The passage of the finance bill without discussion is a new low in the parliamentary process | editorials | Hindustan Times
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The passage of the finance bill without discussion is a new low in the parliamentary process

The Opposition didn’t seem particularly perturbed and the government seemed happy to not have a discussion. Apart from failing in their parliamentary duties, representatives of all parties have let themselves down

editorials Updated: Mar 15, 2018 23:43 IST
New Delhi: Opposition members protest during the ongoing budget session of Parliament in the Lok Sabha, in New Delhi, March 15
New Delhi: Opposition members protest during the ongoing budget session of Parliament in the Lok Sabha, in New Delhi, March 15(PTI)

The passage on Wednesday of this year’s finance bill, 21 amendments in tow, marks a low in the Indian Parliamentary process.

Over the years, disruptions in Parliament have become common with the opposition of the day believing that disrupting the business of the two houses of Parliament is the best way of getting themselves heard and noticed. Despite that, many of the previous Lok Sabhas have found time to discuss and debate the Union Budget, enshrined in the finance bill. This is a policy document, but also one that allows ministries to draw from the government’s account to spend on their various programmes. It is something that has a bearing on not just businesses or the beneficiaries of the government’s welfare programmes, but also all Indians. It is among the most significant bills any Lok Sabha passes in a year. That this was the bill the Lok Sabha chose to display just how callously it can treat the law-making process is galling.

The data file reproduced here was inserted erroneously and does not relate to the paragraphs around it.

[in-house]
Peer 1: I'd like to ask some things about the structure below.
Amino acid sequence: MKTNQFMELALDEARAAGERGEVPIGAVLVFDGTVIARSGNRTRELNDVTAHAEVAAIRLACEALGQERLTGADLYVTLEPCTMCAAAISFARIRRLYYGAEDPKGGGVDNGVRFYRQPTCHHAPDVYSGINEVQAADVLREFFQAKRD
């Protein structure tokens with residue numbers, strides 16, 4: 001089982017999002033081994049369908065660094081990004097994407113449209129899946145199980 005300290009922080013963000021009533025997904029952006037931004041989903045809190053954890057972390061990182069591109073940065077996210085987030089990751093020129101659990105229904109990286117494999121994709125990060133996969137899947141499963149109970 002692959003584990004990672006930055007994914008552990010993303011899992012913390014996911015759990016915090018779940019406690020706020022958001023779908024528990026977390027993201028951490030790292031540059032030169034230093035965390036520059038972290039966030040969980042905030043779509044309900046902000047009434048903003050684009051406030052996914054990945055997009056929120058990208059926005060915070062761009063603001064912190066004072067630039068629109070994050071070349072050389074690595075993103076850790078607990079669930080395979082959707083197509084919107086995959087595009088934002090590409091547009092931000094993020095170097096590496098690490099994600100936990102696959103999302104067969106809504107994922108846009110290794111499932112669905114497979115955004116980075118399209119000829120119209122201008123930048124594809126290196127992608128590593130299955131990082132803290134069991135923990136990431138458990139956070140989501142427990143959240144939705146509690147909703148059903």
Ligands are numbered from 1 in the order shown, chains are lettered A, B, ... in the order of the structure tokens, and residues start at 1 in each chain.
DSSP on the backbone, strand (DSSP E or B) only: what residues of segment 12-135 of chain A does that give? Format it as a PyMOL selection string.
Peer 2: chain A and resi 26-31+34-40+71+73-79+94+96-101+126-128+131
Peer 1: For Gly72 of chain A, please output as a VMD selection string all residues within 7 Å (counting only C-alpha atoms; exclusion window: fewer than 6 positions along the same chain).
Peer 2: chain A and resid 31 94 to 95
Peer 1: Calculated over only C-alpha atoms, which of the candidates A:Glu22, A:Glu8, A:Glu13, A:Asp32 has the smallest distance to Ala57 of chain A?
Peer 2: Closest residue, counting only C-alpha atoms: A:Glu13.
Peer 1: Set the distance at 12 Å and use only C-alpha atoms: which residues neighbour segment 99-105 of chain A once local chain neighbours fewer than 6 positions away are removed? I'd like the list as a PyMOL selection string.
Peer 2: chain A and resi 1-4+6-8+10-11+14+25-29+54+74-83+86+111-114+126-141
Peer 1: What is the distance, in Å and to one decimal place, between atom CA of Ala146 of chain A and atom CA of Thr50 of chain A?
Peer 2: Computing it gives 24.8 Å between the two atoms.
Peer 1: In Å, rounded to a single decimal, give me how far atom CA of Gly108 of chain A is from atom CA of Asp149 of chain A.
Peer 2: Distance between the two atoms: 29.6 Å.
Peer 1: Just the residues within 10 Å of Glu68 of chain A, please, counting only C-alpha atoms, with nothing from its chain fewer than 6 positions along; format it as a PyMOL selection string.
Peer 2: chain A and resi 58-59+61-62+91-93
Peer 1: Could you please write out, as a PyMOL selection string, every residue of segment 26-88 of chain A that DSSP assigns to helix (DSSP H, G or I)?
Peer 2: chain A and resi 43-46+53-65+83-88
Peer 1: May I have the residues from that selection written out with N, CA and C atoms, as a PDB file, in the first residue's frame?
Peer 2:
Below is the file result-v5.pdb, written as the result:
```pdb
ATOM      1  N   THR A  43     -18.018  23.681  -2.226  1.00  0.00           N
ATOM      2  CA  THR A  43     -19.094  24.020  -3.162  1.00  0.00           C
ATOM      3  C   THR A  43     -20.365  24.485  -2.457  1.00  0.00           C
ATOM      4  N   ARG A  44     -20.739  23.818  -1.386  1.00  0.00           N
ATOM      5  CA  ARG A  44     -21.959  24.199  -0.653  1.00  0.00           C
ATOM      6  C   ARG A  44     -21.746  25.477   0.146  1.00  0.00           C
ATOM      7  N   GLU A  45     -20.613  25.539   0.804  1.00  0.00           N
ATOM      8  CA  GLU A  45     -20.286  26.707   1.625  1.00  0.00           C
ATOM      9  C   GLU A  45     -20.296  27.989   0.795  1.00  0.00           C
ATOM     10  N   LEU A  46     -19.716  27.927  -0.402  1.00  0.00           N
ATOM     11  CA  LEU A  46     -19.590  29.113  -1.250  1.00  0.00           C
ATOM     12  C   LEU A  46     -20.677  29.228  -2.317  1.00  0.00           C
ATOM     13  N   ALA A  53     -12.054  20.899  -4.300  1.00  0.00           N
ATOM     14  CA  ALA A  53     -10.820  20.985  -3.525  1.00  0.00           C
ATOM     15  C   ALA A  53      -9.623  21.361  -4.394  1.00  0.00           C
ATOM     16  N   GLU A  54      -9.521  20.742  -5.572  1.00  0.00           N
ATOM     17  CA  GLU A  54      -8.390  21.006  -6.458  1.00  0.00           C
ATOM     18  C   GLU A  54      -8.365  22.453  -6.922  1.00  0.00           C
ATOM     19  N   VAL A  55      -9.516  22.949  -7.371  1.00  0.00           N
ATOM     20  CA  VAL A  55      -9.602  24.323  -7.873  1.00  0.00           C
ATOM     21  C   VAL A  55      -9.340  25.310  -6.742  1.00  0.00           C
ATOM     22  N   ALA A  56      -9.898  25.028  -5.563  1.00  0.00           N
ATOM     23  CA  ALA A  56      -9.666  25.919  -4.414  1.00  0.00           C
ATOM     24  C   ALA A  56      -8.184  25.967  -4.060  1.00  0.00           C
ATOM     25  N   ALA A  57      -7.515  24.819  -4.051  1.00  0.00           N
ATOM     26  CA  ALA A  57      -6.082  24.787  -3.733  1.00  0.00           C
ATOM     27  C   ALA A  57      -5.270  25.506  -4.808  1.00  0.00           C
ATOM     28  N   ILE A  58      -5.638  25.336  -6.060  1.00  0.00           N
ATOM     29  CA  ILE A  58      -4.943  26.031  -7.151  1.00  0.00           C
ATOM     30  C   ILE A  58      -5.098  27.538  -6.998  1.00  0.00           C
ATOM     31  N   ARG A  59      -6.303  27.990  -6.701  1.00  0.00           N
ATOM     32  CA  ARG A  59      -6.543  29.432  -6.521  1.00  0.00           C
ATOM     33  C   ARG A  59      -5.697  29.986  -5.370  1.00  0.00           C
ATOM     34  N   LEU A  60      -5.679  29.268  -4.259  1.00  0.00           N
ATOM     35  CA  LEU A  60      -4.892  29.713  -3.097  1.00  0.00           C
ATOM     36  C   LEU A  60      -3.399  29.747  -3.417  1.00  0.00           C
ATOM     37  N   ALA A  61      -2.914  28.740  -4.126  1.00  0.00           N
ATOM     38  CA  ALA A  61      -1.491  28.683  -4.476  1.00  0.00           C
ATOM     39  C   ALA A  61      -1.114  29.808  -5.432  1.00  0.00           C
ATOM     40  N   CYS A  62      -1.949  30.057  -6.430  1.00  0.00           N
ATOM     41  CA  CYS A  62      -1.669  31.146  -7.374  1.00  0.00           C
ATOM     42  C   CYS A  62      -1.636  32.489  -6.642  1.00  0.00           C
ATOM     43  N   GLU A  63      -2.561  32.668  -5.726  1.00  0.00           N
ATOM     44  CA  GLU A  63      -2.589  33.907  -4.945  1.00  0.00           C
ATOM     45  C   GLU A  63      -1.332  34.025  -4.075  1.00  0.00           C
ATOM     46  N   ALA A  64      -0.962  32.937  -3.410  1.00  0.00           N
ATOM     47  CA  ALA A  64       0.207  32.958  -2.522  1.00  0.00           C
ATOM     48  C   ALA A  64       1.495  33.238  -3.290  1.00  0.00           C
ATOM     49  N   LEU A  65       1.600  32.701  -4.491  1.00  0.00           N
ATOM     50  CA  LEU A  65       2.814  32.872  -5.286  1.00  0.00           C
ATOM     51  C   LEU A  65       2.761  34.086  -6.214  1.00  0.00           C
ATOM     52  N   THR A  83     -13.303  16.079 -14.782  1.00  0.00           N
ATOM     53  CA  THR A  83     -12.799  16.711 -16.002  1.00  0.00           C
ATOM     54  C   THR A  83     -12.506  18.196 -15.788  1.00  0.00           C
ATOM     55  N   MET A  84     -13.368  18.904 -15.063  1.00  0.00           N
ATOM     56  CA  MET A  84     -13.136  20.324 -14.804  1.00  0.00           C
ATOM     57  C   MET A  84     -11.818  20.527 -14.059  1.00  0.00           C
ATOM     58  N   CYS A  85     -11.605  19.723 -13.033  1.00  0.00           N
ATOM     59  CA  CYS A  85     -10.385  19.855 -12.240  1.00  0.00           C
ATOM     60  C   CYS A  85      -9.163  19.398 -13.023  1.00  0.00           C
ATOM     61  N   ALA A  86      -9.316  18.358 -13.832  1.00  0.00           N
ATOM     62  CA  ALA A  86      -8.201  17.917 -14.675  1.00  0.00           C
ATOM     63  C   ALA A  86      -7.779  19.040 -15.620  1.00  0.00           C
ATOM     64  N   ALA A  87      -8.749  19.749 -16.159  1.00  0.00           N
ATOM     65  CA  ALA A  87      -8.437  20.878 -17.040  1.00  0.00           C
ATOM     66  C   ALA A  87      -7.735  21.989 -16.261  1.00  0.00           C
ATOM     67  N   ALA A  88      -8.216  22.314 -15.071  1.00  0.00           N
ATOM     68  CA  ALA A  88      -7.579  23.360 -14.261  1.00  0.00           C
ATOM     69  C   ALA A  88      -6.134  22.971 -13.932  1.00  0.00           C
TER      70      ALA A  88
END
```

Who’s to blame? In this case, everyone. The government is to blame for pushing through the finance bill, not even making a pretence of seeking a debate or a discussion on it. The main opposition is to blame for believing that opposing is more important than discussing a bill that affects the lives of everyone. The smaller parties are to be blamed for not being able to look beyond their individual concerns.

Sure, there were protests by some parties but these seemed as half-hearted as the ruling party’s efforts to facilitate a discussion. The Opposition didn’t seem particularly perturbed and the government seemed happy to not have a discussion. Apart from failing in their parliamentary duties, representatives of all parties have let themselves down. They are, first and foremost, lawmakers and people’s representatives. Wednesday’s happenings undermine the Lok Sabha, the parliamentary process, and democracy itself. It is time governance moves beyond politics.